A Travellerspoint blog

French Immersion

...Tunisian Style

sunny 15 °C

Jan 18-19


We landed in Tunis yesterday, and found ourselves immersed in a French-speaking culture. This was quite a shock, because we've been coasting on English, and a few simple phrases since China (where there was really no English). So how much will we remember of our high-school French? A couple of times, when people have found out we're Canadians, they've asked "why aren't you speakng French all the time?" Alas, we're not from the French-speakng part of Canada!

Tunis, and the area we've seen around it, represents quite a change from Jordan. Especially considering both Jordan and Tunisia are 99% Arab-Muslim. Tunisia, though, is far more Meditterean-looking than it is Middle-Eastern. The French influence is so obvious, not just in language, but in the look of our hotel's neighborhood. There's a grid of streets, centered on a long avenue with a ficus-lined pedestrian mall running down the middle. To our eyes, it's Paris! It's amazing how reinvigorating a change of scenery can be. We've been pretty busy on the Egypt tour and then in Jordan with Jenn's Dad, but our first impression of Tunis has us itching to explore.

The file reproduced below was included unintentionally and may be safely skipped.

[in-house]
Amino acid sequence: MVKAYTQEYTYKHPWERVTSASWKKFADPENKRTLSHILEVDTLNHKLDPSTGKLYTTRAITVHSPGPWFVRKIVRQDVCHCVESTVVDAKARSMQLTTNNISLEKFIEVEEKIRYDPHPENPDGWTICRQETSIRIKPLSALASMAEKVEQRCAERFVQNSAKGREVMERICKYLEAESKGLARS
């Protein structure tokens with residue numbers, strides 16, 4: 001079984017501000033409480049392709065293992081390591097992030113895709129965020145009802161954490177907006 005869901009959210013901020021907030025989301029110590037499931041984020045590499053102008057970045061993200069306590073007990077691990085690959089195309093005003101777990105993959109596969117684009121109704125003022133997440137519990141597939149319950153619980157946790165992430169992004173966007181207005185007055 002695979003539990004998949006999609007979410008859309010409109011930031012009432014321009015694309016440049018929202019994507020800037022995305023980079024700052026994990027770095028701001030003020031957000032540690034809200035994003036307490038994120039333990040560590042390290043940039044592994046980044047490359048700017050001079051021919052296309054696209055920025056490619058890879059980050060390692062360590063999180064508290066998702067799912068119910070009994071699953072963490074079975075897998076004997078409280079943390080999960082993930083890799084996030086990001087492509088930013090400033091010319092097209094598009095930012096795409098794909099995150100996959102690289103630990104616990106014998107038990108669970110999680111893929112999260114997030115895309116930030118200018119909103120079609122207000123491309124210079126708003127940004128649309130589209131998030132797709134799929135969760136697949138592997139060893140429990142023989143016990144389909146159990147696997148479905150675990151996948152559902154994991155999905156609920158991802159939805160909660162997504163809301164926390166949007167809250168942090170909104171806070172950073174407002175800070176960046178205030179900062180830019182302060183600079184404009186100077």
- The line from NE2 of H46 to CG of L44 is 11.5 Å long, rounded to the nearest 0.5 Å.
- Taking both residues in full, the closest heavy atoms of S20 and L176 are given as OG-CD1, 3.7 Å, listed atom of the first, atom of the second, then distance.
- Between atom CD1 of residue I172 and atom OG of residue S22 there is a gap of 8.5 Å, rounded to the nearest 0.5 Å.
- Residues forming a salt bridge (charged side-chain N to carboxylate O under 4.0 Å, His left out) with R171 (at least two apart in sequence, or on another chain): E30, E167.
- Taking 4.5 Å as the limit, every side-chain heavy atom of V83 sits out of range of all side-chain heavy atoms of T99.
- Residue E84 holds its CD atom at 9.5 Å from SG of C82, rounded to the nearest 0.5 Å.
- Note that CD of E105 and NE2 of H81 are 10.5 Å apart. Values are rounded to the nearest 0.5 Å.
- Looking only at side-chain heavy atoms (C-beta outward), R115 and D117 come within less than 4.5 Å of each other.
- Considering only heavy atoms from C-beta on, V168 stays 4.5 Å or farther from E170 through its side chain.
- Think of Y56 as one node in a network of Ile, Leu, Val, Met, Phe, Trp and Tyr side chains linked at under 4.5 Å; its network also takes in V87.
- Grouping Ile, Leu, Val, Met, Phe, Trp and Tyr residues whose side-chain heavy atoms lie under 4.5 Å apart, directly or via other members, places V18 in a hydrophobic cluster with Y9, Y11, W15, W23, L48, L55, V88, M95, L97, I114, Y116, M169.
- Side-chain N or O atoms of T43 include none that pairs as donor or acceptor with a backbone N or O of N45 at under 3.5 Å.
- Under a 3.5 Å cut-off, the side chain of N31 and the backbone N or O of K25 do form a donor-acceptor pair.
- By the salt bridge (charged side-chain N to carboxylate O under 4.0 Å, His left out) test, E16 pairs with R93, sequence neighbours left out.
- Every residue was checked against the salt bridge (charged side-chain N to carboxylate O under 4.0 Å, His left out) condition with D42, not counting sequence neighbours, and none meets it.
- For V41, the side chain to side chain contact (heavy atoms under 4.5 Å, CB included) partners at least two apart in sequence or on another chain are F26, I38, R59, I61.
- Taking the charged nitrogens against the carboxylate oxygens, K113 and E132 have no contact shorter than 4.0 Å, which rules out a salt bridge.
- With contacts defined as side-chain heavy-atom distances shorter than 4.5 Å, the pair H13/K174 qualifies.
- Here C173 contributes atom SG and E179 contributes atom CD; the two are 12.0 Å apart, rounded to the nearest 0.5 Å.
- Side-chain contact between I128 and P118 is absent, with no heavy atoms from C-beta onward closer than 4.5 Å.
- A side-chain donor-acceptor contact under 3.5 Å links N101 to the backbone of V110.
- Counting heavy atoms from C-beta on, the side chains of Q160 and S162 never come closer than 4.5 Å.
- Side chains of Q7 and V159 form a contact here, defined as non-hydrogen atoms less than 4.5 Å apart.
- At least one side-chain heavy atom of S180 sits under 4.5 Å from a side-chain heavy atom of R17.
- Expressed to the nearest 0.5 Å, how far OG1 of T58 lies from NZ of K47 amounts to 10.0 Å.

View looking the balcony of our room, Carlton Hotel, Tunis

The Carlton Hotel we were not as thrilled with initially, but we're warming to it. Breakfast helped. Again, the French influence: good pastry, good baguette, good coffee (not Nescafe!).

Today, we decided to head out to Carthage and Sidi Bou Said on the commuter train. Buying and asking for everything in French has worked out so far, but this was more ambitious. It turned out to be a great day, though the amount we walked was also ambitious.

Carthage is a beautiful, wealthy suburb of white-washed villas now, and dotted among these are the ruins. From the ruins of Roman Carthage, high on a hilltop, we could see the Punic ruins (i.e. Carthage) below. Rome had completely destroyed Carthage in 146 B.C., yet chose the same location to build an ambitious new town in during the time of Julius Caesar. The groundskeeper (since we were the only ones there) showed us how they're still discovering human bones from the Roman destruction, and - he claims - you can still smell the smoke from when the city burned. He even showed us part of a child's skull: Alas, poor Yorrick! I knew him!